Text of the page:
Colm used a poster of an industrial landscape with the caption – “These sunsets are to die for” to raise debate on the theme “we are the problem, not them”. The reactions suggested a welcome endorsement of the concerns that had brought us to this seminar. It felt challenging but comfortable.
But not so comfortable … the ethical issues about the way we (in WAGE) approach the task, how we see our role, and the messages we are most concerned about, in the context of what Donaldson aspires to.
How do we make sure we are helping build that vision of education in Wales rather than just exploiting it? Is it possible that because we see our messages as being ethical that we do not feel the need to consider the ethics of how we do it?
… I am challenged by that possibility. I do not have an answer but as a result of the seminar … I am clearer about the need to ask the question.
Just as I was starting to take on those thoughts, we were into the next presentation. It was about Project Everyone. I like what they describe as the audacity of the campaign but this seemed to contrast with being asked to engage uncritically with the proposed 17, yes 17, new sustainable development goals (SDGs) to be launched later this year, and to get learners to do the same.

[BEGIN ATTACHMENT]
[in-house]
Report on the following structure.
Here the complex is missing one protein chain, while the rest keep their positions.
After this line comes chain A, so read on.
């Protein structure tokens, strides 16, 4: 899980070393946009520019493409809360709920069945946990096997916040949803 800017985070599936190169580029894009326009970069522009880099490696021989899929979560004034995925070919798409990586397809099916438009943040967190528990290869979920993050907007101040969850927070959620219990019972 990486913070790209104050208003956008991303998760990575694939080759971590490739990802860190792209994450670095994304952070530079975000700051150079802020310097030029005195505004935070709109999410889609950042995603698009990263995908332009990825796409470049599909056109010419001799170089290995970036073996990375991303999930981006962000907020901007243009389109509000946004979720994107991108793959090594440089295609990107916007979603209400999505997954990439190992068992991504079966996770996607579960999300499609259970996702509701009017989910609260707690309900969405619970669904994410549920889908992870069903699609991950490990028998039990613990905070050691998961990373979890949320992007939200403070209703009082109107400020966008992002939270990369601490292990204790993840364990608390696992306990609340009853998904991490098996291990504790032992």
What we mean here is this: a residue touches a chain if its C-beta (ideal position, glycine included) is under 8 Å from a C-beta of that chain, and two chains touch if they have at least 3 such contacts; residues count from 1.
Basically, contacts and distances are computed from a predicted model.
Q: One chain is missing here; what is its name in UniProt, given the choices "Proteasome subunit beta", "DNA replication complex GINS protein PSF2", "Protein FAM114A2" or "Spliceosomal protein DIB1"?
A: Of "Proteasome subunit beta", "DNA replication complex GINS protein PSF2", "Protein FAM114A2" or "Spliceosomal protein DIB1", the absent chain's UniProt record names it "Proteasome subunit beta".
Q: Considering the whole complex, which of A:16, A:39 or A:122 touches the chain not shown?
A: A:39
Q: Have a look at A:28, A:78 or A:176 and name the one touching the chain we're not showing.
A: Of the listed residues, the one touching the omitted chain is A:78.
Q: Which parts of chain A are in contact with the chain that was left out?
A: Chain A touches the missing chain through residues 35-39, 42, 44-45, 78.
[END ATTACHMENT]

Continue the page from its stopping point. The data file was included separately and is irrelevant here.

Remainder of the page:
Where is the vital critical thinking characteristic of global education in such an approach?
The Project invites all to endorse the idea of the “largest lesson ever”; a scheme dreamt up with commendable enthusiasm but perhaps insufficient reflection on how its approach might fit with the qualities such as those highlighted by Donaldson. The power of the idea suggested by the project was all the more effective because to question it, as Colm did, was easily dismissed as negativity rather than as critical engagement with the issues it addressed.
I have no idea whether this just another one of those big ideas that regularly flash across the development firmament but it did feel like one. The need for a ‘quick-fix’ often wins the day. However, with individuals such as Ken Robinson involved, perhaps it will be more creative and more questioning than it seemed to be – let’s hope so.